Fort Mills Times
Saturday, June 01, 2013
Amal Hassan watches change coming to her home country while she is thousands of miles away.
23-year-old will graduate from St. Cloud State University after this
summer with a degree in women's studies and a minor in human
The St. Cloud woman is already planning and
dreaming about the future, with a part of her heart remaining in her
native Somalia, the St. Cloud Times reported
One day, after she learns everything she can here, Hassan wants to
return to help women and children. She wants to join a growing movement
in the African country to help give voices to the two groups.
and children in our world are the most neglected in society," Hassan
said. "My passion is not to create a voice for them, but to guide them
to find their own voices."
Her work starts here. Hassan squeezes
in school, volunteer responsibilities and work into a crammed schedule.
Everything prepares her for a future in the war-torn country.
Hassan, a devout Muslim, strives to help fellow immigrants adjust to a new and often confusing American culture.
Her motto is simple.
"Think locally, act globally," Hassan said.
Hassan works as a women's advocate at Anna Marie's domestic abuse shelter and as a family visit supervisor at the YMCA.
also volunteers with the Greater St. Cloud Area Thrive coalition, which
provides access to early intervention services for immigrant and
refugee families and the children ages birth to 3. Hassan also serves on
the board of directors of the African Women's Alliance, a group
bringing together area African women.
"Amal is a very grounded and
passionate person about women's issues," said Janette Yiran, the
alliance's executive director. "She is very engaging when talking about
Hassan understands the challenges immigrants and
refugees face. She left Somalia when she was a year old. Her family
settled in Nairobi, Kenya, and was extremely poor.
She, her father and siblings moved in 2001 to Minnesota.
She was 11 years old and lived with her aunts for a month in the Twin Cities while her dad got established in St. Cloud.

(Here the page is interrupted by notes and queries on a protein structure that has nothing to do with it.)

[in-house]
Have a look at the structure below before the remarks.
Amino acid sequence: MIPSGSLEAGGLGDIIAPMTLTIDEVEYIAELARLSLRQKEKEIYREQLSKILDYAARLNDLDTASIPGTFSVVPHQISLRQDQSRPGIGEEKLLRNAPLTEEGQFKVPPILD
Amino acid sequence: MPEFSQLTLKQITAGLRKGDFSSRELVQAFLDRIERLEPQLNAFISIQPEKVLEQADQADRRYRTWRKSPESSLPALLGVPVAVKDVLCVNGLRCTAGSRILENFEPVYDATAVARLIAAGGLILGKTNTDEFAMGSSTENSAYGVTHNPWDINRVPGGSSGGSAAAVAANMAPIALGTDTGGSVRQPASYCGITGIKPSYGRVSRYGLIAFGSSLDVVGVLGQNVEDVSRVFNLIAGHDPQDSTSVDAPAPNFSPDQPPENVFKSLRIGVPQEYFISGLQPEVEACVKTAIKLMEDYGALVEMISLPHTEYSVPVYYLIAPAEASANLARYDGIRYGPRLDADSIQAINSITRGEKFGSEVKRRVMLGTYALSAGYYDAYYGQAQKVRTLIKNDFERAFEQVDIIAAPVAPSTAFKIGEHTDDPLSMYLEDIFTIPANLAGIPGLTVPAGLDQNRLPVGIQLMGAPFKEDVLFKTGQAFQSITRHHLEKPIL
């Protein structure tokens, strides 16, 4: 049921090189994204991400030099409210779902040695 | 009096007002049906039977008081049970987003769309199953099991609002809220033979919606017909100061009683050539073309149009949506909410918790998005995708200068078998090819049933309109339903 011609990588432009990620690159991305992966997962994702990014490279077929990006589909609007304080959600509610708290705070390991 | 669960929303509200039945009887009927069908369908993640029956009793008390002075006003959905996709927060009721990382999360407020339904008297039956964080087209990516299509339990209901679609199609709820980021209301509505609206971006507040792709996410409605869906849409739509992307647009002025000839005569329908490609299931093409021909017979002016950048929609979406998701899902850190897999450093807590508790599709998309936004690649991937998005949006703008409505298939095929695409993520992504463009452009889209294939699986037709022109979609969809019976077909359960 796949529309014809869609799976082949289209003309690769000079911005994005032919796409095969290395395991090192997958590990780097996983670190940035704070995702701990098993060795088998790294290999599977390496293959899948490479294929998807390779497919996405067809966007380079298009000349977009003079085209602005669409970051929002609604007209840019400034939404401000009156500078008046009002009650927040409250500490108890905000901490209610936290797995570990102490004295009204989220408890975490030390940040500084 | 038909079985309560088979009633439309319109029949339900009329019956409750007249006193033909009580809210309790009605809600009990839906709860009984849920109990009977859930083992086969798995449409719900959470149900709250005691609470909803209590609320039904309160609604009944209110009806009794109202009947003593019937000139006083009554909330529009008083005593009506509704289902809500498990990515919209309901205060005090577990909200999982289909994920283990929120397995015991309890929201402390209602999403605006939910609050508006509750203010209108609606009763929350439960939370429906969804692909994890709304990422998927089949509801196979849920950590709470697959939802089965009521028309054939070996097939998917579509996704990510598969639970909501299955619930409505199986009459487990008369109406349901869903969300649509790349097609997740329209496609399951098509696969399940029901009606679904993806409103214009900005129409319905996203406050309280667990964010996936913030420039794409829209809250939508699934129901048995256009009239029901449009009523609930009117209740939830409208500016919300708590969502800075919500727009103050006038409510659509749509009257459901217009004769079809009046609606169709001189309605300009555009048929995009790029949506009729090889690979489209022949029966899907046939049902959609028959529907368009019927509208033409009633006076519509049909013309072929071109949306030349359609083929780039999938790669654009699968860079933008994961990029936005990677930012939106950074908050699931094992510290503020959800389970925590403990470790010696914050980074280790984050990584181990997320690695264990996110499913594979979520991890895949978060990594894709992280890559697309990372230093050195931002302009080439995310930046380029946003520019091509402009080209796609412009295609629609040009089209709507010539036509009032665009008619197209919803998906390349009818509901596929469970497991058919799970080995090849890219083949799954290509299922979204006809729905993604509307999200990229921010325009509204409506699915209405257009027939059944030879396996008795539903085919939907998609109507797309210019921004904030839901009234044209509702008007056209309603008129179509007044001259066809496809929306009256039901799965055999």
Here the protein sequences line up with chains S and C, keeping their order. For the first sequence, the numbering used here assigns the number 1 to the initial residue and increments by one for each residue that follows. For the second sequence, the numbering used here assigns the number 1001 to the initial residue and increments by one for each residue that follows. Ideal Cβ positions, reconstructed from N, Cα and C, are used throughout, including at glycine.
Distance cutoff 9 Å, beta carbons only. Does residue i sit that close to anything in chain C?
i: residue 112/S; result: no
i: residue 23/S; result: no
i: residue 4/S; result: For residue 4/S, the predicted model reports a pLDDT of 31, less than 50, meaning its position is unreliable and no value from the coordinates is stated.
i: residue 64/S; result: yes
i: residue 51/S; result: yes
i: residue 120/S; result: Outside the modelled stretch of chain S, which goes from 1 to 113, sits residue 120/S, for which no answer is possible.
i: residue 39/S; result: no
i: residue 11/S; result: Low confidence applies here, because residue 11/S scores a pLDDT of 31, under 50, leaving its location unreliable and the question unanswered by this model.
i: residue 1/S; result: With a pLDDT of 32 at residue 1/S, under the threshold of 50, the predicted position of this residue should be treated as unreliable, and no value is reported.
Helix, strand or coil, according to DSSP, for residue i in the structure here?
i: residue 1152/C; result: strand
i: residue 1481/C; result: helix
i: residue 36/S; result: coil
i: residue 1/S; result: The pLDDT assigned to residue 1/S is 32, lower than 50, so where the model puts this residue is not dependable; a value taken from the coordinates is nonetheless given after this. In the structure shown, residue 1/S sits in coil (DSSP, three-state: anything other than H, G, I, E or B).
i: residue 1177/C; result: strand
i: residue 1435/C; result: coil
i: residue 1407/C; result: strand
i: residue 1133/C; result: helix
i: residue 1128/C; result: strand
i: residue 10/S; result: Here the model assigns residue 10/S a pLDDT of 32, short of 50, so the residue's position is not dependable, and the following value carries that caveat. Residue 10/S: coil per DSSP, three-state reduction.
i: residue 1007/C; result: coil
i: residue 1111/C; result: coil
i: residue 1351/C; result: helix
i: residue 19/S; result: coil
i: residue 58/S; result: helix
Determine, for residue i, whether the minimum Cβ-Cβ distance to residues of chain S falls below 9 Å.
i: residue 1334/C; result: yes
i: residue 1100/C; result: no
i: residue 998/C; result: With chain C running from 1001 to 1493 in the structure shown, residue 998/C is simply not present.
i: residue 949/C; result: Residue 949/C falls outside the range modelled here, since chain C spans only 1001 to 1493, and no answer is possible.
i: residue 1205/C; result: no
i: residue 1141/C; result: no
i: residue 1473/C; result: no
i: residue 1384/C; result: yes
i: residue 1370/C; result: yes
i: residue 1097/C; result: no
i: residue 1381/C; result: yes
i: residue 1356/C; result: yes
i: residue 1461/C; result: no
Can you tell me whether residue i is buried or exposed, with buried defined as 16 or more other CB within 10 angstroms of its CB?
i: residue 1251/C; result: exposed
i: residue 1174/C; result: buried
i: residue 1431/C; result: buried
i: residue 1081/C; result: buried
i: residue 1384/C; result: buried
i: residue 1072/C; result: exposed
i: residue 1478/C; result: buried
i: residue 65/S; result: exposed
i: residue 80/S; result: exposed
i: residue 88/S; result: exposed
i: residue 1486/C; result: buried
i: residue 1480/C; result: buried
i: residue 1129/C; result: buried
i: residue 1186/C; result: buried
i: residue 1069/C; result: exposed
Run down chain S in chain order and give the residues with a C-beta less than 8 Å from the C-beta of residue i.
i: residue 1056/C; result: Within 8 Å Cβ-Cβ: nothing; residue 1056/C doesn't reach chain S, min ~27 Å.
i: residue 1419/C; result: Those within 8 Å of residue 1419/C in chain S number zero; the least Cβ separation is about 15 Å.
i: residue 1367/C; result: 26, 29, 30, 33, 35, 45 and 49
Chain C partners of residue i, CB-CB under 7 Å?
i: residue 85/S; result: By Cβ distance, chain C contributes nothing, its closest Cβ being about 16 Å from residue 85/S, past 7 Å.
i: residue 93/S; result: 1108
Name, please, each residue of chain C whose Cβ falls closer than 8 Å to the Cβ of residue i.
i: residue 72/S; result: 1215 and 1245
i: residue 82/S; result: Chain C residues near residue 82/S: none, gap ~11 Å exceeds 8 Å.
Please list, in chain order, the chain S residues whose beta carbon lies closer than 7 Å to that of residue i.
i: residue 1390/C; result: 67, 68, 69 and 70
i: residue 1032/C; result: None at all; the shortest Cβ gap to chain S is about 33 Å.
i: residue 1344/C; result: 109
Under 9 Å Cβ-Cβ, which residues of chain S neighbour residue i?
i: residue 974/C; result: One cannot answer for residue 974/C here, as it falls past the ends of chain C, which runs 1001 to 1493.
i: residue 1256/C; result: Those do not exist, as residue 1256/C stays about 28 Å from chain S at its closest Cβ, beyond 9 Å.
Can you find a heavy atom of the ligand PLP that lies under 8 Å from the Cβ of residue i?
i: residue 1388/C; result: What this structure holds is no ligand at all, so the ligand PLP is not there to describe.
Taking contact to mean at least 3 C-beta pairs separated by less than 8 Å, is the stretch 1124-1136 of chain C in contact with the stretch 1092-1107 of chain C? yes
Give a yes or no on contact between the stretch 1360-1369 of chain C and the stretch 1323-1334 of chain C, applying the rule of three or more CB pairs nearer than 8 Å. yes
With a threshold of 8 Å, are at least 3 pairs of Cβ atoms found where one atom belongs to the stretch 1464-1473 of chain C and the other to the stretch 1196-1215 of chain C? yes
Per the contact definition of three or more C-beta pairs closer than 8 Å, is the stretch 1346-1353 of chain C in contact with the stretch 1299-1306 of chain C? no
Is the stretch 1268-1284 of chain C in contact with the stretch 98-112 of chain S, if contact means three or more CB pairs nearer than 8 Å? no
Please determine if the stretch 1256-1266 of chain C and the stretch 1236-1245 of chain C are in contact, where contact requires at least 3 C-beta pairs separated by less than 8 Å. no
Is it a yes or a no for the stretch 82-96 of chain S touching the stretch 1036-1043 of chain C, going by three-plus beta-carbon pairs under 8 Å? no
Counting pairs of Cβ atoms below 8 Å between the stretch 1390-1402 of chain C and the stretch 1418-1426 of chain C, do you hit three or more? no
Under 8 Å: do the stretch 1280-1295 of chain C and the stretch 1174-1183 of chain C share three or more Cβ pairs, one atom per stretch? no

to a new culture was painful and perplexing. Hitting children with a
belt is a common and accepted form of discipline in most African
countries, including Somalia, Hassan said.
of acceptable child care are confusing, said Jane Ellison, Thrive
project manager. For example, it's illegal to harm your child in the
United States, yet it's legal to spank a child. Many immigrants and
refugees worry their children will be taken away, she said.
is the Somali community representative for Thrive's access project. The
project promotes conversations across cultures. Topics include abuse,
neglect, discipline and nutrition.
Hassan's family faced questions
about the topics after moving here. The Somali people want to learn and
want to do what's best for their children, she said. It just takes time
to figure out new expectations.
"She really does have the
perspective of the Somali community and also about coming into the
country and making adjustments," Ellison said. "I appreciated the depth
and breadth of the experience she brings."
That shared experience has helped Hassan create relationships throughout communities.
career at Anna Marie's started when she had a month left at high
school. Hassan's family was long known for helping women in abusive
relationships when Anna Marie's called their house. They needed a
translator for a Somali client. The nonprofit offered to pay her $100.
She insisted it was free.
She soon started to officially work at the shelter.
the years, I wanted to build a trust-based relationship with women in
my community," Hassan said. "It's tough, but it works."
of immigrant women served at the shelter is relatively small, but there
has been an uptick, said Rita Koll, women's program coordinator. Six
immigrant women entered the shelter in 2012, compared with three in 2011
and one in 2010. Hassan is a powerful partner for the nonprofit.
are cultural taboos that prevent people to come forward," Koll said.
"The trust they put into her is a doorway for us into their lives."
Hassan hopes to start her master's degree in diplomacy. She intends on continuing her work in the community.
She prepares herself for a future making a difference in a country she hasn't been to in 22 years.
is the country where I'm from," Hassan said. "There are a lot of Somali
feminists coming out and risking their lives for empowering women. I
don't want to take a step back."